EPA orders monitoring of drinking water contaminated by oil extraction operations in Montana

The U.S. Environmental Protection Agency (EPA) recently ordered oil producers in Poplar, Montana to monitor contaminated drinking water in both the public water supply and private wells in Poplar and on the Fort Peck Indian Reservation. The contamination stems from a combination of a leaking oil well, unlined waste pits, spills of produced water and oil, and inadequate monitoring.

While the EPA found that the current levels of contamination are low enough so that water is still within limits considered to be safe, the agency will require companies to provide additional water treatment and/or alternate supplies if it determines the drinking water becomes a public health risk. In past orders, EPA has already required operators to provide alternate water supplies to some area residents.

The drinking water in this area is contaminated with salt, metals such as manganese, and toxic substances such as benzene, a known carcinogen, and toluene. In one instance, a local dialysis center had to be shut down due to impure water.

In a way, this is not "news." According to the EPA, authorities have known about the contaminated water in the Poplar area for several decades and have been keeping track of it as the contamination moves closer to the drinking water sources. But, this is a very important cautionary tale about the challenges in dealing with contaminated drinking water sources. One consultant, hired in 2008 to model how fast the contamination in the Poplar area is traveling, determined that under one scenario it could take more than 200 years for contaminants in groundwater to reach the city's water wells. In another scenario, it could take less than two years.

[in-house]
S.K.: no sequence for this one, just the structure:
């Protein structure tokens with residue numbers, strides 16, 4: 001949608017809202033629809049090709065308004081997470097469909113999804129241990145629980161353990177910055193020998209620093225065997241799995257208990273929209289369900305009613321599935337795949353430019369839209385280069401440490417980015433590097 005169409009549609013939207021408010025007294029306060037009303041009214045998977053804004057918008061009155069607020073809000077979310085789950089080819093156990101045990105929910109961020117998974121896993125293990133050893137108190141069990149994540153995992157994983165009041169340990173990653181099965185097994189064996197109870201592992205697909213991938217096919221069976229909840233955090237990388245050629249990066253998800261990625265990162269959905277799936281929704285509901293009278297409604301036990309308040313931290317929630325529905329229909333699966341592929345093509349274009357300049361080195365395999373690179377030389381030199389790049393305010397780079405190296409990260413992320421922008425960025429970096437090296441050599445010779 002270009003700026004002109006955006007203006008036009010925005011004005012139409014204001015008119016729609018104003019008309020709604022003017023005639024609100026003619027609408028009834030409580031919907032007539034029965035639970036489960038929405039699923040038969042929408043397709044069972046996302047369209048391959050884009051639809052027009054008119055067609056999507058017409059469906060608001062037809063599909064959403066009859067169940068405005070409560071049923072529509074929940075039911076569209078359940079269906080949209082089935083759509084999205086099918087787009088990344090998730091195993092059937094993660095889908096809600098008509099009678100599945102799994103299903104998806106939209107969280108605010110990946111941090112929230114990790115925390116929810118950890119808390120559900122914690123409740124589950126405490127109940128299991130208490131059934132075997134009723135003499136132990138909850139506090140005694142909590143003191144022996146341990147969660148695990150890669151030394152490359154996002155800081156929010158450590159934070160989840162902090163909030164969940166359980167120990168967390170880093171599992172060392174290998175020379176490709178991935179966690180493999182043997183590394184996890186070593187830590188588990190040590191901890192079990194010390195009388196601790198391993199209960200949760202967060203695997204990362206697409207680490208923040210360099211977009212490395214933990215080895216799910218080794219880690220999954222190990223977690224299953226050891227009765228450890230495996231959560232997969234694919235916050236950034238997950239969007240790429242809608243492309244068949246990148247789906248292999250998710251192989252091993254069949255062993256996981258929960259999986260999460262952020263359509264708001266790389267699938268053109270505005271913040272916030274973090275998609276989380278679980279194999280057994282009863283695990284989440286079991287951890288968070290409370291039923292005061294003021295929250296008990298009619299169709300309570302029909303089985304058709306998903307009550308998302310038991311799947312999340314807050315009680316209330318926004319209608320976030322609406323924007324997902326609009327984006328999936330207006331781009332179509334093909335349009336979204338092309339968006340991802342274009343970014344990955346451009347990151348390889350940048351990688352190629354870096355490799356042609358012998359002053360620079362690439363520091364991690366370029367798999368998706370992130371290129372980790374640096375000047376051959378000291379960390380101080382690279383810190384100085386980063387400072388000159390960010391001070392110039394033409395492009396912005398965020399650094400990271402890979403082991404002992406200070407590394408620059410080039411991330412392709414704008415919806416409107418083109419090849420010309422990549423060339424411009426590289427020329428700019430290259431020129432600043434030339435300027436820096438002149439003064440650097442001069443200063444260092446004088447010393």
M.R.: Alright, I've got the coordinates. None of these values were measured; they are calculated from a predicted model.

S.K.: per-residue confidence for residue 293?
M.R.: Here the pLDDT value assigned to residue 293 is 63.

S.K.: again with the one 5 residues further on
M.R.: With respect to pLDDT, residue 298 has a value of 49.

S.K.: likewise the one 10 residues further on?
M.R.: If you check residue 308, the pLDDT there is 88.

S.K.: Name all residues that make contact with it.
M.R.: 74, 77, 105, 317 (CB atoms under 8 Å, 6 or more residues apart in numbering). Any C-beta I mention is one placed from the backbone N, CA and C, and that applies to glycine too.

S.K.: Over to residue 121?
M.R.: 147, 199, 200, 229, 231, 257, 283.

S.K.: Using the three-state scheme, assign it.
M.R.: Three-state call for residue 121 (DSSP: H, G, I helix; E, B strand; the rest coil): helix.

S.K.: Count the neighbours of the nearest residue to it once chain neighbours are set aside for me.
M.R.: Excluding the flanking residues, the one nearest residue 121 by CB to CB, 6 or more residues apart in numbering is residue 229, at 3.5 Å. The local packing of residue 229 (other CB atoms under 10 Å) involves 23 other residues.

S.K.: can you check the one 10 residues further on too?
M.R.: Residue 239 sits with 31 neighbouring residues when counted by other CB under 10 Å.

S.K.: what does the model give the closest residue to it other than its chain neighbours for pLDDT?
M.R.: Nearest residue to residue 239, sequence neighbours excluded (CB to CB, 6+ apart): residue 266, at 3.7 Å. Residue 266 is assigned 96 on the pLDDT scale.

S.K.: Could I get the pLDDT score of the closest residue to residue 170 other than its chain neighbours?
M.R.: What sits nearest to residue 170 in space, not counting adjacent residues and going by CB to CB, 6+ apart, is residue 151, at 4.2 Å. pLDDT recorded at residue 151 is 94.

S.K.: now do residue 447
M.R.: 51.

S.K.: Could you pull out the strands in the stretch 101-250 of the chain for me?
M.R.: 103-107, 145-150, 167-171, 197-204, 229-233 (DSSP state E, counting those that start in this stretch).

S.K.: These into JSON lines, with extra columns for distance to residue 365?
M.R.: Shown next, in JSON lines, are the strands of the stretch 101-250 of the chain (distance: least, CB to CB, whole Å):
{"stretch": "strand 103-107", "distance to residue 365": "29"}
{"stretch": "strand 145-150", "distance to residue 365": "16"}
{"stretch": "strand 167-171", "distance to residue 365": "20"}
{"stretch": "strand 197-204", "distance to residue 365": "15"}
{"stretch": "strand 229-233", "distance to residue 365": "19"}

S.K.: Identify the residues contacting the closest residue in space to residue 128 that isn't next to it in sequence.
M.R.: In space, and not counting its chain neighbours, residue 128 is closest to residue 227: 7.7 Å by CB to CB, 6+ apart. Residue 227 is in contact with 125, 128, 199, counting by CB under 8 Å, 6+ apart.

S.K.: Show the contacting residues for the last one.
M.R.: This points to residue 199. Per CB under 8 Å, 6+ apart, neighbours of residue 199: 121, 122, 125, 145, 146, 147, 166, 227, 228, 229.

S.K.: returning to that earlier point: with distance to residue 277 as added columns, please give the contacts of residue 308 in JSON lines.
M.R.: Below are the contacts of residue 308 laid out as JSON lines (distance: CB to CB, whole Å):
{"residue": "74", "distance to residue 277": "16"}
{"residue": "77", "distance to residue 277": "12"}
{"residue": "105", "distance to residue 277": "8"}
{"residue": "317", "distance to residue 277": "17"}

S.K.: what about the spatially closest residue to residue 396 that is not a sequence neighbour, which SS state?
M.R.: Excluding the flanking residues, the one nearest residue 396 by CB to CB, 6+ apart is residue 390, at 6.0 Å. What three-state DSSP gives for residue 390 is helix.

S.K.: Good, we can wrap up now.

Just because an accident has not yet contaminated any drinking water wells, or only a few, does not mean a problem goes away--it can continue to pose a threat to drinking water for generations to come, and it can be very difficult to predict. Our drinking water supplies are already at risk due to many threats -- among them climate change and increasing competition for water. We must do whatever we can to protect the clean drinking water we have, as it will only become even more precious in the future.

About the Authors

Amy Mall

Senior Policy Analyst, Land & Wildlife program

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